[Editor’s Note: In this blog post, team members Bibi and Raluca deliver their report on their recent trip to Ghana, where they were accompanied by Joost de Kluijver of Closing the Loop. They discuss the scope of their trip, introduce partners, talk about the meetings they conducted, and give a view of the future developments in the area of recycling e-waste. – Joe Mier, Community Manager]
Addressing electronic waste (“e-waste”) is a pivotal part of Fairphone’s holistic approach to the life cycle of a phone and, we believe, an important part of our responsibility as a phone maker. While most of our work of last year focused more on the first steps of the phone’s life – sourcing minerals, assembly and manufacturing, and product development – we are now engaging in actions to address the phone’s end-of-life phase, as part of our mission statement. We’ve thus partnered with Closing the Loop, a Dutch foundation, to facilitate e-waste recycling in countries where recycling programs are scarce or do not exist. Our overarching goal is to work with local organizations to set up collection programs and awareness-raising projects in areas of the world with severe e-waste problems, and look into the possibility to re-use some of the materials we recycle for our future production.
This blog is a follow-up to our post from the end of November discussing our take-back phone plan in Ghana.
Part of the price of our first Fairphone in 2013 consisted of two premiums. One of these went to the Worker Welfare Fund, which empowers workers to take part in deciding what to invest in in the factory in which they work (for example, with their own wages or other areas of improvements for themselves and co-workers). The other premium, at €3, was reserved for our e-waste collection program.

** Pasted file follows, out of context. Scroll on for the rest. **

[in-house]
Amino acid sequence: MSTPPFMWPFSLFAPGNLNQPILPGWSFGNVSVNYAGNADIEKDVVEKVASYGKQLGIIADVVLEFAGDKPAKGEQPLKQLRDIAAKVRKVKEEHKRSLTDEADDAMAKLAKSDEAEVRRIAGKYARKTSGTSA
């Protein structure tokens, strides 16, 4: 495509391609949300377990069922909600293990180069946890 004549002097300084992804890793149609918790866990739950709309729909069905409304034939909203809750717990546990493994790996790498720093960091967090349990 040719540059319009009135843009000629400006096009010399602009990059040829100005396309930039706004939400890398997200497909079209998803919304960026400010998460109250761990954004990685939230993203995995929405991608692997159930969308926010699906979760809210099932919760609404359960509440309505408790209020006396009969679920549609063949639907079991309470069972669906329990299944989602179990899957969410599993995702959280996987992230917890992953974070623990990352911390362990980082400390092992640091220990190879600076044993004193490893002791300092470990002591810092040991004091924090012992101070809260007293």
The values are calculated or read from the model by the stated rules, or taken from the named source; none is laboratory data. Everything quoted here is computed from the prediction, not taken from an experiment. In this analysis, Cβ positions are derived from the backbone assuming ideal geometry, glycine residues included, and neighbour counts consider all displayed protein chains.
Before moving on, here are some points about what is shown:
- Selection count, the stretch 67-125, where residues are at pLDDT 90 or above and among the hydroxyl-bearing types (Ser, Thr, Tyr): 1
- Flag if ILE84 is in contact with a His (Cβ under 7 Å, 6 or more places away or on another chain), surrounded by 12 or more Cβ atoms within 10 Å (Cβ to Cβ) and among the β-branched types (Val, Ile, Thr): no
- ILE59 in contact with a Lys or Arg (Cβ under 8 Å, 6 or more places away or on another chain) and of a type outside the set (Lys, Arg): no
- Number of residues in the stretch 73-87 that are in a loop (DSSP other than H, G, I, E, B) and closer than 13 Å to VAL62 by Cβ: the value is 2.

With the purchase of the Fairphone, our buyers invested directly in a program that retrieves at least 75,000 mobile phones that have reached their end-of-life in Ghana. By doing so, together we can ensure that these phones won’t end up becoming dismantled poorly, burned, or dumped creating negative social or environmental impact.
Going forward, these phones should be recycled in the countries where they reach their end-of-life, but this will take some years, major investments and strong partnerships. In the meantime, we hope that taking responsibility for the full lifecycle of our products is the first step to addressing the problems of e-waste.
But let’s take a few steps back: just a little over two weeks ago, my colleague Raluca (a new member of the Fairphone team) and myself set out on our trip to Ghana. The overall purpose of this initial trip was to do research, establish some facts, meet the partners of Closing the Loop and make progress on the project that Closing the Loop has developed since it started over 3 years ago. This included some local awareness-raising but, of course, with a camera at our sides, we hope our trip also serves as some awareness raising amongst our community here, as well. From a more practical point of view, we were in Ghana to inspect how the collection of phones was managed and how community outreach is currently carried out by local partners. We wanted to see for ourselves the phones that had been collected thus far, so we needed to meet and talk to environmental authorities to be able to explain shipping and permit procedures. Lastly, we wanted to meet potential new partners to improve or increase best efforts and local collection and recycling procedures in future stages.